The last few months we have seen a surge in traders looking at forums such as Wall Street Bets trying to identify meme stocks and the next GameStop. This type of trading could be classed as sentiment analysis trading. Investors attempt to make money in stocks by assessing what other investors are talking about.
Sentiment trading is not new. In the past, investors have looked at investment surveys, newspaper articles or magazine covers. However, the rise of the internet and social media has taken sentiment trading strategies to a new level. Not only do social websites allow investors to tap into the feelings of millions of traders, the data is now being collated and sold to traders looking for an edge.
Testing Sentiment Analysis Data From InfoTrie
I have been interested in sentiment trading for some time so I decided to download some historical sentiment data from a company called InfoTrie.
This data package is called FinSentS Web News Sentiment and includes daily sentiment indicators for 49,000+ global stocks since 2013 across various publicly available internet sources. According to the website:
InfoTrie is a News Analytics, Financial Engineering and Big Data company. They are headquartered in Singapore with offices in India and Europe. The FinSentS News Sentiment (NS1) data feed offers daily media sentiment indicators for 49,000+ global equities, calculated by applying sophisticated real-time machine-learning algorithms to the content of thousands of news websites and media sources from around the world. Historical data goes back to 2013.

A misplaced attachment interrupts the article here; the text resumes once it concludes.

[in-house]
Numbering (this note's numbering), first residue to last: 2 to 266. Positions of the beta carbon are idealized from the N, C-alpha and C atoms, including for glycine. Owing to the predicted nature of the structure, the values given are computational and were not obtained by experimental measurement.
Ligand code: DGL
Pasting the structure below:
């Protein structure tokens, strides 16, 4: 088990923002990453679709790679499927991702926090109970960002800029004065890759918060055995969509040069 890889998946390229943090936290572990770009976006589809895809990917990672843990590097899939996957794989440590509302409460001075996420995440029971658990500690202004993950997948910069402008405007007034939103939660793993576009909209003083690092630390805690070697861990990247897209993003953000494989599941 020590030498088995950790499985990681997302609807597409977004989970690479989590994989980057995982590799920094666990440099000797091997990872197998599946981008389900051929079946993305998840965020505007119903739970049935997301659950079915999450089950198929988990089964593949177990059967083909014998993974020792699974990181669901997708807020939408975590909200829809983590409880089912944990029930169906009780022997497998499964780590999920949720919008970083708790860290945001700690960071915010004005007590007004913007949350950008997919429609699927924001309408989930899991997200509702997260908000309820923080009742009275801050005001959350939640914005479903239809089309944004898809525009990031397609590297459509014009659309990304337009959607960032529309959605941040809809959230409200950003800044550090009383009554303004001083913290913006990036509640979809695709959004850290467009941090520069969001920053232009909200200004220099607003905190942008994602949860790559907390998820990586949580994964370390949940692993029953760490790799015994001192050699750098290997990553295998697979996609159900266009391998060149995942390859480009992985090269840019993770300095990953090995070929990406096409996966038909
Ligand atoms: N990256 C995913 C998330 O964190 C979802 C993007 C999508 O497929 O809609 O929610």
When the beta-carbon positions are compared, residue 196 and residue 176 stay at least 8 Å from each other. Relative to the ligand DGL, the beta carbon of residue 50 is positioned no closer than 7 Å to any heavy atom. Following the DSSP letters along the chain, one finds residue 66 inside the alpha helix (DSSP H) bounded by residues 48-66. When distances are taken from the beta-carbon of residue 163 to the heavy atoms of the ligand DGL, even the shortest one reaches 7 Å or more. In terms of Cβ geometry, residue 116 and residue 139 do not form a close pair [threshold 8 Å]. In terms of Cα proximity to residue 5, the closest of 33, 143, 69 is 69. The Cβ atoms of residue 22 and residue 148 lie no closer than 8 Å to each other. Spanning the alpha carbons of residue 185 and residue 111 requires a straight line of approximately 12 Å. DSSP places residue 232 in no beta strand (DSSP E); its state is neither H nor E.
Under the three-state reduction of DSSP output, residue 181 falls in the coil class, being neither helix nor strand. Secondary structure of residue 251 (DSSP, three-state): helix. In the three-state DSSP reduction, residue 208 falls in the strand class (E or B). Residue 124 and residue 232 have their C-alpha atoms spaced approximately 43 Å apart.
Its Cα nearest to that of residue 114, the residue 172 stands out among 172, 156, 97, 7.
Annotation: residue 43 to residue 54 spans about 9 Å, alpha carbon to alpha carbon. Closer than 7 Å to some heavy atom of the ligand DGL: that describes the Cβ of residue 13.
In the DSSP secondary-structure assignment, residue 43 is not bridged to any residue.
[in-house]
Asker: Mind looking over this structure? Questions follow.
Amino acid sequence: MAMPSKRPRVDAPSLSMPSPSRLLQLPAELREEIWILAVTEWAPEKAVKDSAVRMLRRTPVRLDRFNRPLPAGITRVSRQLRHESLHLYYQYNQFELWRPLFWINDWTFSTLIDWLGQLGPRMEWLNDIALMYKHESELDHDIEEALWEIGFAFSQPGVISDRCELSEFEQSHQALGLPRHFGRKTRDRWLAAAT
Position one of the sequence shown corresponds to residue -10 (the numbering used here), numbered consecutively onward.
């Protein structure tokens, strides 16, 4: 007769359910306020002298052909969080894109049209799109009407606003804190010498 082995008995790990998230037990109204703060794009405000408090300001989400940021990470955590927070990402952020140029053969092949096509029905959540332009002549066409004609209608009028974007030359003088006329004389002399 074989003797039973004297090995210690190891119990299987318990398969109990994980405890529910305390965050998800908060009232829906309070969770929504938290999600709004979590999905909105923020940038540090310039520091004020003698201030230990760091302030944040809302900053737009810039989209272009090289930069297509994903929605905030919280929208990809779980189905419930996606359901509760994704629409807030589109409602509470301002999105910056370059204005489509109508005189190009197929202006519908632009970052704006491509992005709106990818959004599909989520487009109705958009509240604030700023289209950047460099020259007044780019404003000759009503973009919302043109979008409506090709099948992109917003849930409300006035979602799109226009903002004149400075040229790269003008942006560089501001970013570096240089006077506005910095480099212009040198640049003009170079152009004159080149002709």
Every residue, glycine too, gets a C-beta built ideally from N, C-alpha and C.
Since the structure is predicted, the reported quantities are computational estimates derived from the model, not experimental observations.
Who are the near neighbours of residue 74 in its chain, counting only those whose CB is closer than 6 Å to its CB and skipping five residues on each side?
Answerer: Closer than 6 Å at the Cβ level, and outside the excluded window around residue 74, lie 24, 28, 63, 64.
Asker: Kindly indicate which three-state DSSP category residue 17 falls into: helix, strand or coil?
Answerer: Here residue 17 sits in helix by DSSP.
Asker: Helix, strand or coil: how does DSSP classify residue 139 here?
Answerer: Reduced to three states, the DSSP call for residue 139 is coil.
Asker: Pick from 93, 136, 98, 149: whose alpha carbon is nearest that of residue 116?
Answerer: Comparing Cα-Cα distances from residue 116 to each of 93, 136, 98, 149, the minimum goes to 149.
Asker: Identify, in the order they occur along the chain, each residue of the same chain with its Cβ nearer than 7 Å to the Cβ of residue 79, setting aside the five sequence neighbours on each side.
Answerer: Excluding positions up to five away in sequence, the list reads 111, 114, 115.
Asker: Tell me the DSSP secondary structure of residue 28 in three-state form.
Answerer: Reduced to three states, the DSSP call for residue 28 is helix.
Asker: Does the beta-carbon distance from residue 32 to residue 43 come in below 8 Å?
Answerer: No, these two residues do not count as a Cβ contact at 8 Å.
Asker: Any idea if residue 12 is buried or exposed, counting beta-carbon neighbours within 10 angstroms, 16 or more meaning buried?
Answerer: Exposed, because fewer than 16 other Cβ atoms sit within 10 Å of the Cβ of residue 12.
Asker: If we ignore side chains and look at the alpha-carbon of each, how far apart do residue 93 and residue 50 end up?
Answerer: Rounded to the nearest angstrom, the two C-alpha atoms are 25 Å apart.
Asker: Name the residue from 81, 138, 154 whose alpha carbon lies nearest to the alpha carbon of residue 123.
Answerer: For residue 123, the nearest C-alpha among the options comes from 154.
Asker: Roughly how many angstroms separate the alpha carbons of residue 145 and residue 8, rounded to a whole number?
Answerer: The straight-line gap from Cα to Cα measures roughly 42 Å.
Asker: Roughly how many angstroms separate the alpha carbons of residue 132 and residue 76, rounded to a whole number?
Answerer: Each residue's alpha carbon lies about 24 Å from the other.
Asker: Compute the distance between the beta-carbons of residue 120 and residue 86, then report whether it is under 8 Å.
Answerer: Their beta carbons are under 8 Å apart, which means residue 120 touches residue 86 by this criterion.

One thing to say right off the bat. The sentiment data from InfoTrie is not cheap. It costs $40/month to gain access to 1-years worh of sentiment data but to download the full history is a pricey $1,150 per year. Maybe the data has some strong edges that make the cost worth it? Let’s run some analysis to find out.
Sentiment Analysis Indicators
The data from InfoTrie consists of five metrics:
- Sentiment Score: a numeric measure of the bullishness / bearishness of news coverage of the stock. This ranges from -5 (extreme negative sentiment) to +5 (extreme positive sentiment.
- Sentiment High / Low: highest and lowest intraday sentiment scores. This is polled at 5-minute intervals.
- News Volume: the absolute number of news articles covering the stock.
- News Buzz: a numeric measure of the change in coverage volume for the stock. Change is measured by standard deviation and is normalised on a scale of 1-10 (1 means low level of news buzz and 10 means a high level).
In other words, InfoTrie searches through millions of online data points and scores stocks based on sentiment and news flow. The following table shows the typical output for the stock symbol TWTR:
If we look at the chart below, you can see how Sentiment data is reported over the course of the year for GameStop.
The top window shows the price chart, below that is the sentiment score (black), below that is the news volume score (blue) and below that is the news buzz score (green):
Based on this data, I make the following observations: